Urdu: Transliteration of Urdu plural words with ع

Qureshpor

Senior Member
Panjabi, Urdu پنجابی، اردو
Friends,

مصرع could be transliterated as misra3. How would you transliterate مصرعے? Same for موقعے. I think there are other words that end in 3 which would fall in this category.

aur jaate jaate..sab dostoN ko Divali kii badhaa'ii. merii xvaahish hai kih aap kaa yih din xushiyoN se bharaa hu'aa ho!
 
  • BP.

    Senior Member
    Urdu
    We might be able do that about by simply following what long and short vowels there are, e.g. miSra3ee and mauqa3ee.
     

    Qureshpor

    Senior Member
    Panjabi, Urdu پنجابی، اردو
    ^ shukriyah, BP SaaHib. lekin kyaa aap ke xayaal meN yih transliteration Urdu talaffuz kii saHiiH 3akkaasii kartii hai?
     

    marrish

    Senior Member
    اُردو Urdu
    We might be able do that about by simply following what long and short vowels there are, e.g. miSra3ee and mauqa3ee.
    I find it a good suggestion.

    ^ shukriyah, BP SaaHib. lekin kyaa aap ke xayaal meN yih transliteration Urdu talaffuz kii saHiiH 3akkaasii kartii hai?
    mere nazdiik transliteration aur transcription do alag chiizeN hotii haiN.
     

    Qureshpor

    Senior Member
    Panjabi, Urdu پنجابی، اردو
    I find it a good suggestion.

    mere nazdiik transliteration aur transcription do alag chiizeN hotii haiN.
    What you say is true, no doubt.

    Think about how we write and transliterate words ending in "h", e.g.

    jumlah (sg) >> jumle (pl)

    pardah (sg) >> parde (pl)..etc

    You will not have failed to notice that the "h" drops out in the plural. Perhaps we could apply the same logic in the plurals of words such as:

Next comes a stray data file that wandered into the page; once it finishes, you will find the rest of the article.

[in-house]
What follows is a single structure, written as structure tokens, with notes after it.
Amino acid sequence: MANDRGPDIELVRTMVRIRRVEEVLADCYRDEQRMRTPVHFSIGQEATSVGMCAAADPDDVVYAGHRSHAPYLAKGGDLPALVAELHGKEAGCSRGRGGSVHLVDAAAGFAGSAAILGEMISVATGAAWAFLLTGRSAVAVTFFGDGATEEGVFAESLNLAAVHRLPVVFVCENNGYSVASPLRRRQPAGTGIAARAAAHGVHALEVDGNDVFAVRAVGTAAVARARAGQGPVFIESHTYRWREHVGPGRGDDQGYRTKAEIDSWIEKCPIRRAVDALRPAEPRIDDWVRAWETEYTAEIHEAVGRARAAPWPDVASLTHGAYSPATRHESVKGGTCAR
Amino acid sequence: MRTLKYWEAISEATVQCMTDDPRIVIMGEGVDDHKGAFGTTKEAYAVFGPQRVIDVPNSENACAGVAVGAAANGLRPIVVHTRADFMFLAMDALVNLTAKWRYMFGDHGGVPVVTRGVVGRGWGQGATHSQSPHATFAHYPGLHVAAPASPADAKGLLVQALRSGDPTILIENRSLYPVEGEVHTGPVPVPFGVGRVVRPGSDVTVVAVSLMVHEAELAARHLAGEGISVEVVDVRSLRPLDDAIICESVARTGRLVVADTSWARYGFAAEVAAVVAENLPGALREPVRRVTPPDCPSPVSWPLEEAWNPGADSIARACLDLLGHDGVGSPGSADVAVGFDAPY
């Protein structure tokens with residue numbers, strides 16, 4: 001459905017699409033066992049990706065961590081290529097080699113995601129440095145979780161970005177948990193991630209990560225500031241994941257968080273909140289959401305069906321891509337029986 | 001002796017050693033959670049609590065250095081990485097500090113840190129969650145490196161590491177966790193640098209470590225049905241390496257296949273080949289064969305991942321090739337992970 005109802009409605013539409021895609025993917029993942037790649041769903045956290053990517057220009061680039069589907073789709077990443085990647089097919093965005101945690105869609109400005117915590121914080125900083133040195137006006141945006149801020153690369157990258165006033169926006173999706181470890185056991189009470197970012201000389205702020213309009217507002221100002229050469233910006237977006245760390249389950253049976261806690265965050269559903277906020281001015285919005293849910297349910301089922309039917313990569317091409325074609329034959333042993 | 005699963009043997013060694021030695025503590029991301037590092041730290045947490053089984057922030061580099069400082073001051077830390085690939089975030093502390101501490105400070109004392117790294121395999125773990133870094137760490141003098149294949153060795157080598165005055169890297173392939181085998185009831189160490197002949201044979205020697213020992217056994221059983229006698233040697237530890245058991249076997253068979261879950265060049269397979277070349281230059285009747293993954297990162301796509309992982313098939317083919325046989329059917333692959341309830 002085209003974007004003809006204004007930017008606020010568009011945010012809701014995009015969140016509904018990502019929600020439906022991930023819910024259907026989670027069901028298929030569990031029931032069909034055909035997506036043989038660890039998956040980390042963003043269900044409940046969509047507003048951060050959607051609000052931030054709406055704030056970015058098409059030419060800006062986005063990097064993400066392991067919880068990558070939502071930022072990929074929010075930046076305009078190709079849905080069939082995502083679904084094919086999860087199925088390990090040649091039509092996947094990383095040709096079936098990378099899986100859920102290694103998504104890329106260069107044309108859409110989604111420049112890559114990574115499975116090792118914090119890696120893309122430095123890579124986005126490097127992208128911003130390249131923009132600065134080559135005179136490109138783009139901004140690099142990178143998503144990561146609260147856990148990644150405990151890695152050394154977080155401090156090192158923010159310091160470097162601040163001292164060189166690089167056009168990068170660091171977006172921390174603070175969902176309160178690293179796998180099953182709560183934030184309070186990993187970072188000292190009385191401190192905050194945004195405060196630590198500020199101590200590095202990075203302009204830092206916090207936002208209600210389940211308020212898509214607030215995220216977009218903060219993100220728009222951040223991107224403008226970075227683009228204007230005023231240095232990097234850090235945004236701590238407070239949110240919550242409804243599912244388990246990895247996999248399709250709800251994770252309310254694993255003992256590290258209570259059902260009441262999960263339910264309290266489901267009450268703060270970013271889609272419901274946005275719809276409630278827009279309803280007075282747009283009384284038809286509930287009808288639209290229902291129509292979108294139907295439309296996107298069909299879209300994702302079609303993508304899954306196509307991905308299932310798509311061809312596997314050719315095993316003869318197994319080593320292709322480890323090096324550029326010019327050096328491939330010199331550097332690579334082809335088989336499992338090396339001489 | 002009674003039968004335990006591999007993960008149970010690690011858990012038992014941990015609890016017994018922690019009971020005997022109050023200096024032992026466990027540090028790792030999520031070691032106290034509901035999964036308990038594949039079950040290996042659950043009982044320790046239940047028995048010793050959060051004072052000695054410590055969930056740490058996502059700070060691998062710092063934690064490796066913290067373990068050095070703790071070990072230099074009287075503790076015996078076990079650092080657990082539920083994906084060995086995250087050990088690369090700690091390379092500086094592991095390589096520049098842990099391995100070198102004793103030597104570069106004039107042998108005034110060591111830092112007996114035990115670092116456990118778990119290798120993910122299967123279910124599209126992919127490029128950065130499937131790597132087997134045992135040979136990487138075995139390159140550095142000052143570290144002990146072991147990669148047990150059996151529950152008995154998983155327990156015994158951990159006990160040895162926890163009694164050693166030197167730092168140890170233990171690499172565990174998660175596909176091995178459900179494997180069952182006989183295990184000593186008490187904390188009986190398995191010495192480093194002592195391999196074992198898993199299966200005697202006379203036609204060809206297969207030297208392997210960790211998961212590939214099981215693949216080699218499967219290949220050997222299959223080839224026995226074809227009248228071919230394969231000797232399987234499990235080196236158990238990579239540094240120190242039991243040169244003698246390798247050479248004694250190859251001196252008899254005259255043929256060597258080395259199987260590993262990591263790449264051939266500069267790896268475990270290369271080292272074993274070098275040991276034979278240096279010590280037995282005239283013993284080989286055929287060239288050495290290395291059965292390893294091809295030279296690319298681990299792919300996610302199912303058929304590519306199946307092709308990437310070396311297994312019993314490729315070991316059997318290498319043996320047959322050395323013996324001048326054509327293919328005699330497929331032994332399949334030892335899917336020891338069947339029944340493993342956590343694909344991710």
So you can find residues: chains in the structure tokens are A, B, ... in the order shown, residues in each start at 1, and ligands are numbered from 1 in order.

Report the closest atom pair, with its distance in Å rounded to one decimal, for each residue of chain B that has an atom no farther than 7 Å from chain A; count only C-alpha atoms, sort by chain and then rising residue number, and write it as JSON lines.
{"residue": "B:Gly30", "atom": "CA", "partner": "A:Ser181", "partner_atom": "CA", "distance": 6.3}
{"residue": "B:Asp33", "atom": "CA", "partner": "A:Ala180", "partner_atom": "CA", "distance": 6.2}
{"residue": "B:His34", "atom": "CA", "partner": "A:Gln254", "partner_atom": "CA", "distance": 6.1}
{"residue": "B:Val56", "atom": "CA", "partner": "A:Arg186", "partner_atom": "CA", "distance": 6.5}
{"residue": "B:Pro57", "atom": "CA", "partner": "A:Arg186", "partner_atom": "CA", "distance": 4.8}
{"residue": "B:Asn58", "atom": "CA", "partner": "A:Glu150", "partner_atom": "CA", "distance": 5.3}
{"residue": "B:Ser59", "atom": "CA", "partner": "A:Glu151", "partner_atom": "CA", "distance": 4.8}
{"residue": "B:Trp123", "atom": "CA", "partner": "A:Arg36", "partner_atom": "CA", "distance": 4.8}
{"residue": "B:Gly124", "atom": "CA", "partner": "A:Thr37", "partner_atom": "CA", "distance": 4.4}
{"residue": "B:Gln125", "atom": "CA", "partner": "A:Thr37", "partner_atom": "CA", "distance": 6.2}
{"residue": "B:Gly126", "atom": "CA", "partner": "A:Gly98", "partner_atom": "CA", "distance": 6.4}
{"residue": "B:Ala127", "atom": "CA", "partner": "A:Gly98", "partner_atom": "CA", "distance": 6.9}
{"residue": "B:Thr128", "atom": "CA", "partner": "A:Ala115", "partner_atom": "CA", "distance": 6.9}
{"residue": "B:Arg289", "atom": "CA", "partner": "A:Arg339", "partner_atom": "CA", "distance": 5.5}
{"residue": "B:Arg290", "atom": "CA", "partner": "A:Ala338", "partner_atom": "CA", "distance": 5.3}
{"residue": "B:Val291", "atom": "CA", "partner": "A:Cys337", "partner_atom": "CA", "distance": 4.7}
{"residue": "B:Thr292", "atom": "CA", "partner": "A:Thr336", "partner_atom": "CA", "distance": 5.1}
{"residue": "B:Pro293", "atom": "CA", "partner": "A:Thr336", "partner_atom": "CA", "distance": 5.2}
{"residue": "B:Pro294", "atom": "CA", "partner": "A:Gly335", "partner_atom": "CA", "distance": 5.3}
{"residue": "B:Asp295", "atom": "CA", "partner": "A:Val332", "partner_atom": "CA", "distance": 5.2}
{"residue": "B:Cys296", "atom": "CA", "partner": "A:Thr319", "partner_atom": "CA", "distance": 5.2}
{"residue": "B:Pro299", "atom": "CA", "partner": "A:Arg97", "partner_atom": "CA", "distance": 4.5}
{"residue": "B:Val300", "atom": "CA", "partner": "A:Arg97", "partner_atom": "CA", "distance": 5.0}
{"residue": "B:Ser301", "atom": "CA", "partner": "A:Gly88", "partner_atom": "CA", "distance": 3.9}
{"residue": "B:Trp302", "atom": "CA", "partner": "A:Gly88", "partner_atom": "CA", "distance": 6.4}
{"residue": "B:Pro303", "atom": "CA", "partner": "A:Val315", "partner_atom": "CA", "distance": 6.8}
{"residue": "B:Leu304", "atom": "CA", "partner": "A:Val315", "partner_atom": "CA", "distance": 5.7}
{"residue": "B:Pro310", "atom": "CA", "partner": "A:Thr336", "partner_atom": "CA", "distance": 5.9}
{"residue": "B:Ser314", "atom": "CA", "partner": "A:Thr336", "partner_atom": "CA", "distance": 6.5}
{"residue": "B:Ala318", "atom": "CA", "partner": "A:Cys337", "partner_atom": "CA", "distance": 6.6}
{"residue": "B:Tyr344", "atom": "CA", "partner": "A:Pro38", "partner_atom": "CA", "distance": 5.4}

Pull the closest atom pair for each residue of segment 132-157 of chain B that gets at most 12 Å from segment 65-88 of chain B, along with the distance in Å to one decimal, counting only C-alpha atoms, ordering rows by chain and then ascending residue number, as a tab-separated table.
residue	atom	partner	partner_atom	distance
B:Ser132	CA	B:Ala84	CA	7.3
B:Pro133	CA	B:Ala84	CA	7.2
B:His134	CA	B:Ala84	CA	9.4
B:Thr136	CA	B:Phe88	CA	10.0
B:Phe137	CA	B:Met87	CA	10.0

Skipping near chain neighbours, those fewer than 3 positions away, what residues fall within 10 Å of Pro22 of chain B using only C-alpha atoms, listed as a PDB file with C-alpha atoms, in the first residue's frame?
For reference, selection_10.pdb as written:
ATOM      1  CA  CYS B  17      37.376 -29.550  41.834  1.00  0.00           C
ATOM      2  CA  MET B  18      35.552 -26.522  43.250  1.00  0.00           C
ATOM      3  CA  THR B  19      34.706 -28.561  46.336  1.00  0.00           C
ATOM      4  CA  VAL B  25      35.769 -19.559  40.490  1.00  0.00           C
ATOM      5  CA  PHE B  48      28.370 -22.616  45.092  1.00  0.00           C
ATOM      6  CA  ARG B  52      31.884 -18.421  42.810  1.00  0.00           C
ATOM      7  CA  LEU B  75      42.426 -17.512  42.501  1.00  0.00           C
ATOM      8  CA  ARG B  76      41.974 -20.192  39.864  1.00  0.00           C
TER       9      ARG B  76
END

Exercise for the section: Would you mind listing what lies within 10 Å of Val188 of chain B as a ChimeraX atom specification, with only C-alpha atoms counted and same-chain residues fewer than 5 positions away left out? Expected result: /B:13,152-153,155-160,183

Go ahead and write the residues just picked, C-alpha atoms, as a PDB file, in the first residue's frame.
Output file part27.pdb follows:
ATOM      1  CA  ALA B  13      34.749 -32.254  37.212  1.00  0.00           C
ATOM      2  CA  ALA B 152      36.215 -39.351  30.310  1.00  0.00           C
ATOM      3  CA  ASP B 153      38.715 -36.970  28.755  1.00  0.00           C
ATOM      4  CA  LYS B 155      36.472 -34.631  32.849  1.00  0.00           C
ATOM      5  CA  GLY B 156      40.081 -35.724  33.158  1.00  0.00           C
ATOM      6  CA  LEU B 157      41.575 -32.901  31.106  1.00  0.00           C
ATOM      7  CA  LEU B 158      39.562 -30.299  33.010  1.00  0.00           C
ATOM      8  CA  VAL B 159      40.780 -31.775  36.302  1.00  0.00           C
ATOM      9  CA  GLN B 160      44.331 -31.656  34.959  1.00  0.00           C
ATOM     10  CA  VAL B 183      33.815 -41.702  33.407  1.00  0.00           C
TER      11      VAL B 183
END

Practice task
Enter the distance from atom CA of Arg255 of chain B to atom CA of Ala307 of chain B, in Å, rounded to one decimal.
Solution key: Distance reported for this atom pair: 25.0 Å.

misra3, mauqa3 etc >> misre, mauqe

    Just a thought, accepting that we would n't be able to miss the 3 in Urdu writing.
     

    marrish

    Senior Member
    اُردو Urdu
    [-h] drops indeed in plural and oblique as well and the reason for it is that the final [-h] functions as a grapheme but not as phoneme.

    Considering that 3ayn, although percentage-wise scarcely pronounced as such, it does always show its right of existence by changing the pronunciation of preceding vowel (3+i=short 'e'; 3+=aa, etc.) and also by being pronounced as a consonant but not by all.

    Therefore the situation appears to be different. On top of that, people who happen to be conversant in Urdu or be learning it but not familiar with its own script, and I know that you know there are millions of them, especially in India, when using the transcription mixed with transliteration would have their jaw fallen on seeing مصرعے which they would be used to transcribe as ''misre''. They would think what the heck is this monster? Above all I am not sure about this but perhaps 3ayn counts for the metre in Urdu poetry.
     
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